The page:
“The Authority already has attorneys who do that. The primary job of the licensing agent would be to develop a program for licensing the logo for use on things like beach towels, tee-shirts, coffee mugs, etc.,” Feeney said. “The idea grew out of (Former) Commissioner (Jim) Simpson’s directive to find additional sources of non-toll revenue.”
New Reason Not To Drink (Asbury Park Press – 2/7/15)
The state Senate passed a bill Friday that eases the punishment for some motorists convicted of drunken driving but requires all first-time offenders to install an ignition interlock device in their cars.
The bill, which passed 29-4 and goes to the governor’s desk, would suspend the license of a first-time offender for 10 days and require the device to be installed at the person’s expense on one vehicle for three months, if the person’s blood alcohol concentration was between 0.08 and 0.10 percent. A person would only have his or her license reinstated upon showing proof of installation.
A first-time offender with a BAC between 0.10 and 0.15 percent would have his or her license suspended for 10 days and have the ignition interlock device for seven months to a year.
An ignition interlock device is a cellphone-sized gadget similar to a Breathalyzer that is hard-wired to the engine’s ignition system. If the person’s BAC exceeds 0.05 percent, the vehicle will not start.
Under current law, first-time offenders convicted of driving with a BAC between 0.08 and 0.10 percent have their licenses suspended for three months. Those with a BAC between 0.10 and 0.15 percent have their licenses suspended for seven months to a year.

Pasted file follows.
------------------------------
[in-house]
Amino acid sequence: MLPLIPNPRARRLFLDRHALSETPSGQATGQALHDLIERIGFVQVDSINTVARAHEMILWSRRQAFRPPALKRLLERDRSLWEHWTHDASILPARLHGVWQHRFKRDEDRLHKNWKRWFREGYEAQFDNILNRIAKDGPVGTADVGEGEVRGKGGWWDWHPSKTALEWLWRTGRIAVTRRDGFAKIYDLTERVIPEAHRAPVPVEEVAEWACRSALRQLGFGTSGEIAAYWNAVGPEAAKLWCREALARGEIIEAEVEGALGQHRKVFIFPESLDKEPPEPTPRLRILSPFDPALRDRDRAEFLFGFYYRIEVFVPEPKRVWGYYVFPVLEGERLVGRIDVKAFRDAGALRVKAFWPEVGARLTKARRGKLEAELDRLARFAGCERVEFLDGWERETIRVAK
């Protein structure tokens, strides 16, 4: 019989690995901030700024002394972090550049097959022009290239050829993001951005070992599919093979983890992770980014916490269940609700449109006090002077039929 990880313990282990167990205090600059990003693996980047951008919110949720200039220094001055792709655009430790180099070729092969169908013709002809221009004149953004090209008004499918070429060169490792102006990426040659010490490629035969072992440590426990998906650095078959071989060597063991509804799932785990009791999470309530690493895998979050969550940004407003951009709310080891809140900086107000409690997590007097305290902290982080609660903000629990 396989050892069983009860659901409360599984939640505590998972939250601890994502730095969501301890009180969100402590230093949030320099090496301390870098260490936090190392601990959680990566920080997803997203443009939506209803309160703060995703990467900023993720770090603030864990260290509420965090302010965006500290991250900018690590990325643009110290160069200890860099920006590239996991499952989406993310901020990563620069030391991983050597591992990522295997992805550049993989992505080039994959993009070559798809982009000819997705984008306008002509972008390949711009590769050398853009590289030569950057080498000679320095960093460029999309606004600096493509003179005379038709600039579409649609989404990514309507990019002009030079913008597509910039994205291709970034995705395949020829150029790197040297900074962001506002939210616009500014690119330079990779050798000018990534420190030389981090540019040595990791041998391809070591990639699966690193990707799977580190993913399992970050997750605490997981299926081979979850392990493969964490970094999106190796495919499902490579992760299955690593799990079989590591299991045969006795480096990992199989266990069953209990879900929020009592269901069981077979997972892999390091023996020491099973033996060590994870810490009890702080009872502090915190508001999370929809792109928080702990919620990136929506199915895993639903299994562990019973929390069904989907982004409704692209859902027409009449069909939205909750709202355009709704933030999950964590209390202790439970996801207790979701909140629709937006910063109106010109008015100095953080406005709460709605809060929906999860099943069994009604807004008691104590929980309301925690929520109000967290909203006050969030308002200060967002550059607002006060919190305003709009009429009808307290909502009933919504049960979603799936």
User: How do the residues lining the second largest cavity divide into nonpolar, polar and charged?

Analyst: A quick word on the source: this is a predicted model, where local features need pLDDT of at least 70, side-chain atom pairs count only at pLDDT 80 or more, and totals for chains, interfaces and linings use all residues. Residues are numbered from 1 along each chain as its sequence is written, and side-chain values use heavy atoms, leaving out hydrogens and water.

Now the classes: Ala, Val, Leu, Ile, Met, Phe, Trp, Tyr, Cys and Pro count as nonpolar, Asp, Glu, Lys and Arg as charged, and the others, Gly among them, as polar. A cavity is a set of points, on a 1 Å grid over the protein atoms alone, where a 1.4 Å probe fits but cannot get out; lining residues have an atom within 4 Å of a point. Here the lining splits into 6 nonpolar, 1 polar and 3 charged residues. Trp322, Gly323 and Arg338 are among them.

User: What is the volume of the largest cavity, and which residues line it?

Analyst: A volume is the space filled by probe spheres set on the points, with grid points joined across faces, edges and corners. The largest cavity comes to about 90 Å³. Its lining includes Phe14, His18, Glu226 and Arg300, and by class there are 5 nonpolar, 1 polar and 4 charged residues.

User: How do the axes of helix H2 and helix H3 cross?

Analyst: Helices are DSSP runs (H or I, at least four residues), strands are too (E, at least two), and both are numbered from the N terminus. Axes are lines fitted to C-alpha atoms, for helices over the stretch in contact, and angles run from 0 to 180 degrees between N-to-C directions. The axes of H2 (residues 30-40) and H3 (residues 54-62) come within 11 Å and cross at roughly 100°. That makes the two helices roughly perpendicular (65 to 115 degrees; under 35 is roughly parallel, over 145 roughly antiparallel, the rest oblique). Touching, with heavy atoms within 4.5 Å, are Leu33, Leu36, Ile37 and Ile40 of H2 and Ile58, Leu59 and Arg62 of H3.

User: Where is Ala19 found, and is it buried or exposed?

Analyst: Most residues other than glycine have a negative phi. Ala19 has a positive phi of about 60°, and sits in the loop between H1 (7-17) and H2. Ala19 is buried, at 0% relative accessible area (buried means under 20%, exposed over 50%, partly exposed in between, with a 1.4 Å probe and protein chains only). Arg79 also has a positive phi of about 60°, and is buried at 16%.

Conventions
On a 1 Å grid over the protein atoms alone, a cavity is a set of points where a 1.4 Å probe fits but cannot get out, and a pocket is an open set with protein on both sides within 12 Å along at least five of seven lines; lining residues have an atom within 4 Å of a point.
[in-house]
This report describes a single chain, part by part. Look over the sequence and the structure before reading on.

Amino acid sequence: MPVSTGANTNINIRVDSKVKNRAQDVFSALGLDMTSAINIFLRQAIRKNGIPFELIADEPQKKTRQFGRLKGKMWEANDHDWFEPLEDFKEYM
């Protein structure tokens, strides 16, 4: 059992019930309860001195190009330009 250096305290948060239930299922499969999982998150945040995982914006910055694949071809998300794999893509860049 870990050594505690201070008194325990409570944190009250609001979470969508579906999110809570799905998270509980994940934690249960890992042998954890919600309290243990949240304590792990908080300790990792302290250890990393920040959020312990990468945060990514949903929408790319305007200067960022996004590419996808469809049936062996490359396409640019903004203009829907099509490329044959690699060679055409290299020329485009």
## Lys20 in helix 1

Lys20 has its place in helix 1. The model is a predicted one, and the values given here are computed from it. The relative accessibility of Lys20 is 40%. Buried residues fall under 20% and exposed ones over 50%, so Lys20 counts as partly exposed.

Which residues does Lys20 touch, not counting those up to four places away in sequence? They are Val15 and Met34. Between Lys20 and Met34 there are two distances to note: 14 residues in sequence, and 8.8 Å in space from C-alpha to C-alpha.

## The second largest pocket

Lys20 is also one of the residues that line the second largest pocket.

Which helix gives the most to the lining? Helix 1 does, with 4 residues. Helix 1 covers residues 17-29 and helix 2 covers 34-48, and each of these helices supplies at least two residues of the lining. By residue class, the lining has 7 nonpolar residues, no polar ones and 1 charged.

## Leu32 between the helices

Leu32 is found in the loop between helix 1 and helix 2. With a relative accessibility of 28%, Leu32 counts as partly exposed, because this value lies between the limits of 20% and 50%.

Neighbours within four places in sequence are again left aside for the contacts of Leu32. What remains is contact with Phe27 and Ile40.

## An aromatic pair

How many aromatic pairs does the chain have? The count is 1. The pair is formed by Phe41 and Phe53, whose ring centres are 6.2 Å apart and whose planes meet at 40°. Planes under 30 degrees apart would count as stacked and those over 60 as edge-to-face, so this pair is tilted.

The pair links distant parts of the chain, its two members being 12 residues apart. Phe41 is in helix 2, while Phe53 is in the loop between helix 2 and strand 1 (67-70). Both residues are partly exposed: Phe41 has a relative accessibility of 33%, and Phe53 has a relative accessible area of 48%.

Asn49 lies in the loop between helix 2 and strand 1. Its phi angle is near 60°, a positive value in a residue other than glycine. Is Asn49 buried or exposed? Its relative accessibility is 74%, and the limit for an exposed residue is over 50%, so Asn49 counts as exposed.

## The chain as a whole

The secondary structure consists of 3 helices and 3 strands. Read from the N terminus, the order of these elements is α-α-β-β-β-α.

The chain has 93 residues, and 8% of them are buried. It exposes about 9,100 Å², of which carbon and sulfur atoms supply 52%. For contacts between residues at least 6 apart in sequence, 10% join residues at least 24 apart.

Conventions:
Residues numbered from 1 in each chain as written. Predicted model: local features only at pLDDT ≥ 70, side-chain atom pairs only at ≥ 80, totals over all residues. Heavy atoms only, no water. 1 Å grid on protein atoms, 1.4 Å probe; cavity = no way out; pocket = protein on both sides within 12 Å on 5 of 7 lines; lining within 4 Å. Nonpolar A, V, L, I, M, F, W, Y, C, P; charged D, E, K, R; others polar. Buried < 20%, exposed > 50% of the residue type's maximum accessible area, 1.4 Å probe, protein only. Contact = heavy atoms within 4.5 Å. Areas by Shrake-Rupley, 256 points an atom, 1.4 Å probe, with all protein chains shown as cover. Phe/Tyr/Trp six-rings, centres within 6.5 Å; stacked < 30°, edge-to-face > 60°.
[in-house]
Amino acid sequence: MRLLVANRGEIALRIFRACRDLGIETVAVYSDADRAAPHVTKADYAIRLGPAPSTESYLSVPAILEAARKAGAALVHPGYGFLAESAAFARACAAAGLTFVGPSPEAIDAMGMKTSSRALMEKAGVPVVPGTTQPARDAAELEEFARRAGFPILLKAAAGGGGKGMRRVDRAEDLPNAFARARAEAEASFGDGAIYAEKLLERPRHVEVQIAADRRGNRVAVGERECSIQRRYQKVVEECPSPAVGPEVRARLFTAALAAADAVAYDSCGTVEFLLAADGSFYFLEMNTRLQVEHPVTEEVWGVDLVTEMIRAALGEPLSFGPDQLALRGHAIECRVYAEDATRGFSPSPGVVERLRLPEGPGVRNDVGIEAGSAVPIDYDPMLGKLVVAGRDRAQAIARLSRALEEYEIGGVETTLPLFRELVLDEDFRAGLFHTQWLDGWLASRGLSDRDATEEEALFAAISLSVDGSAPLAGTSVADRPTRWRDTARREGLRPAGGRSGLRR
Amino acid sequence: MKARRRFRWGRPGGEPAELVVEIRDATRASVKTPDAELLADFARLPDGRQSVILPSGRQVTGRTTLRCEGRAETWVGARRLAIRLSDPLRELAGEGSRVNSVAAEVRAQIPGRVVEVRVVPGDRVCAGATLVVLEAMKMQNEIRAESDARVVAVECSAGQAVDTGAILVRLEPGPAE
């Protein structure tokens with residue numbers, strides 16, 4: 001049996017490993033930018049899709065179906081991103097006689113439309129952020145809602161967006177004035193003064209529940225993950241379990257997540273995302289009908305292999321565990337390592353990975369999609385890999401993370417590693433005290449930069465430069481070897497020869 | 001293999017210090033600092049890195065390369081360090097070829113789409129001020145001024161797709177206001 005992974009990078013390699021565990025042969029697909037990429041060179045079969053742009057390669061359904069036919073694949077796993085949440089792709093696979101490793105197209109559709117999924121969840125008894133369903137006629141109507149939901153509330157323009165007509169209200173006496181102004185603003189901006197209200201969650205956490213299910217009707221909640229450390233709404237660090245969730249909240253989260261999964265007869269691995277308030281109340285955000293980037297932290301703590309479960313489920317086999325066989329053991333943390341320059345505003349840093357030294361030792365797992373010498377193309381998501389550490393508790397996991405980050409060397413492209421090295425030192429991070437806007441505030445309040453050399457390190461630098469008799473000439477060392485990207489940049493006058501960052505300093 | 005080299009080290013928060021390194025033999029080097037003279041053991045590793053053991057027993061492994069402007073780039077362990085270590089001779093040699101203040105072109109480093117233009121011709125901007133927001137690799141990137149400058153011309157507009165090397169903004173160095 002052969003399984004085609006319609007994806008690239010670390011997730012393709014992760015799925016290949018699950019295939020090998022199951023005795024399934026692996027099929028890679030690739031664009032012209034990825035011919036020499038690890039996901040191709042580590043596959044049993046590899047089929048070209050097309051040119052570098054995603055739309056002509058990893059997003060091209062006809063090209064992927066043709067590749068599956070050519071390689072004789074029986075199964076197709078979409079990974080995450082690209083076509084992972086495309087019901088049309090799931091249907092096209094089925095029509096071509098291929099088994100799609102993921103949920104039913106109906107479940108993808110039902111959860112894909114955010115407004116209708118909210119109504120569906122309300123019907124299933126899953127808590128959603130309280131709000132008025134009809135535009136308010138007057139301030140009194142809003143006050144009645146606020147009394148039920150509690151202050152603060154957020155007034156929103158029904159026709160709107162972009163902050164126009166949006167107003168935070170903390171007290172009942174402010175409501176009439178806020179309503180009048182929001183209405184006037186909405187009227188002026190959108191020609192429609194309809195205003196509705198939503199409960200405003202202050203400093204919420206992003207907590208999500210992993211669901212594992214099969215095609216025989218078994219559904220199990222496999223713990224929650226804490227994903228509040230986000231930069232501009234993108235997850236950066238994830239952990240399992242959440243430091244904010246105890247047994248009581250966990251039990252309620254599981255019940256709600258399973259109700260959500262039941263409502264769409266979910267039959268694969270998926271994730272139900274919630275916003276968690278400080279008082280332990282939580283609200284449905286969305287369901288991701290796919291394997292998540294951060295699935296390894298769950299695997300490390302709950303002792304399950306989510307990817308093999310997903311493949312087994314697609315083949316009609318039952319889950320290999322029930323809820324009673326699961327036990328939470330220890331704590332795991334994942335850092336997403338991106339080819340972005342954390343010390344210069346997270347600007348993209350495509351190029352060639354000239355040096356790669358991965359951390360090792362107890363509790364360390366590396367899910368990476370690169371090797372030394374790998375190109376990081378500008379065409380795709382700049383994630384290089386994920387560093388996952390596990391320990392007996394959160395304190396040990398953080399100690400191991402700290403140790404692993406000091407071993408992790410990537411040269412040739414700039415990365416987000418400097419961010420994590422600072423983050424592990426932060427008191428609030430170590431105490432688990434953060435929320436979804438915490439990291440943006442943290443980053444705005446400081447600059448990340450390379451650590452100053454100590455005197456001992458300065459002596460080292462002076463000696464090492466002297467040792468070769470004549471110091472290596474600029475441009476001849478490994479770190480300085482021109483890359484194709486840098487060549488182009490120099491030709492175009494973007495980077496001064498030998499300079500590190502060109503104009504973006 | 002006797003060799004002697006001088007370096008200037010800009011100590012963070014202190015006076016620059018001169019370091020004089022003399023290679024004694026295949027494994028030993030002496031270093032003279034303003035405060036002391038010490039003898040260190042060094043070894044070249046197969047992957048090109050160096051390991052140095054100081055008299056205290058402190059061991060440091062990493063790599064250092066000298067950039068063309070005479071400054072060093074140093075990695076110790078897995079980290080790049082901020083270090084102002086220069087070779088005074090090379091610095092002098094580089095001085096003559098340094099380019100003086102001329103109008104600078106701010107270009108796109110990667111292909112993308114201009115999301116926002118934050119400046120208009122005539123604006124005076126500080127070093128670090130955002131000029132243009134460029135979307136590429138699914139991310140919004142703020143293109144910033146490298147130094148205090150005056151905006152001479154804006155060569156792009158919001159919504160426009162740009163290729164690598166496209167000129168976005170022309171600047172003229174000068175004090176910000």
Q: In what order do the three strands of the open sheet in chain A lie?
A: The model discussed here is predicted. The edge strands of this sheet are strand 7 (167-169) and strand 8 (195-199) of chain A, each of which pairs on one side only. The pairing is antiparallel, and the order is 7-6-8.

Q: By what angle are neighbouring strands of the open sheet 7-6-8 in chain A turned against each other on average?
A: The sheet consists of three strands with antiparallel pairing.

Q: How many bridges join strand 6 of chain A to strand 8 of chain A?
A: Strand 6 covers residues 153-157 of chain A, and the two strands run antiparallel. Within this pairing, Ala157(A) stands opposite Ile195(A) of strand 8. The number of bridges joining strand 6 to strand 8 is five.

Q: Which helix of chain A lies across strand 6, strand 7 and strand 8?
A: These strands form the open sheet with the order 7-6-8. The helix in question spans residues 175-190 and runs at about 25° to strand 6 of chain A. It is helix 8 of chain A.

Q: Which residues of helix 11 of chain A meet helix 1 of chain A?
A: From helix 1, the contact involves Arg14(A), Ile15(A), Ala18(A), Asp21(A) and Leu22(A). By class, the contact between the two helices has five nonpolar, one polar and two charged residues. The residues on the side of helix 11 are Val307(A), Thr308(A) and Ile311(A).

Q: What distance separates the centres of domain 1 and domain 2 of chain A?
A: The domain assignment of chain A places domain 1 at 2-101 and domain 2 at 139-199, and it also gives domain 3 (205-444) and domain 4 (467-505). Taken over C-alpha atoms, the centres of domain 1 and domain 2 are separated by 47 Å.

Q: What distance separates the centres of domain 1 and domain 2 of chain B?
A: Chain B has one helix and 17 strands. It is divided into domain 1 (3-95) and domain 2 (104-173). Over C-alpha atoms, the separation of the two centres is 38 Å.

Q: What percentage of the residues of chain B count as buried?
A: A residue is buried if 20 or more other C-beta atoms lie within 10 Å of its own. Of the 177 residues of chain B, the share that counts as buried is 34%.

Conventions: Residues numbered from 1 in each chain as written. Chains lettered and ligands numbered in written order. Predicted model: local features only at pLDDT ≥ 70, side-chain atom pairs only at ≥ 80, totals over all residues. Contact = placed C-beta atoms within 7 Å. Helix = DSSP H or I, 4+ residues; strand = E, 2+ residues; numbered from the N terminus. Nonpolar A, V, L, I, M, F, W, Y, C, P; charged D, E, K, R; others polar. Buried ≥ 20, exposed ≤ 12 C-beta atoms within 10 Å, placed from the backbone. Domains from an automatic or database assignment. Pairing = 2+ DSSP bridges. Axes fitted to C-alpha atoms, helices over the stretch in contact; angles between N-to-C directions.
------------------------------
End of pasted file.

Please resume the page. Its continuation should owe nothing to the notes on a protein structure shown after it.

The bill did not mention any changes to fines or jail time. Under current law, first-time offenders can be fined anywhere from $250 to $500, depending on BAC level, and can face up to 30 days in jail.
“Our goal with this bill is to create greater safety on the road,” said state Sen. Jim Whelan, D-Atlantic, a sponsor of the bill. “We know when we suspend licenses, people still get behind the wheel when they had too much to drink.”…(continued)
Nose for News (NY Post – 2/6/15)
Brian Williams came under siege Thursday for lying that enemy fire forced his chopper down in Iraq — with countless critics ridiculing his tall tale and calling for him to be booted as anchor of “NBC Nightly News.”
The $10 million-a-year star was back on the air Thursday night, a day after offering a bizarre mea culpa in which he said he had “conflated” his wartime memories and made “a mistake in recalling the events of 12 years ago.”
But Williams’ bobbing and weaving did little to stifle the growing controversy over his repeated lies about coming under enemy fire while covering the Iraq war in 2003.
Williams’ return to work capped a day of fast-moving developments for the Peacock Network: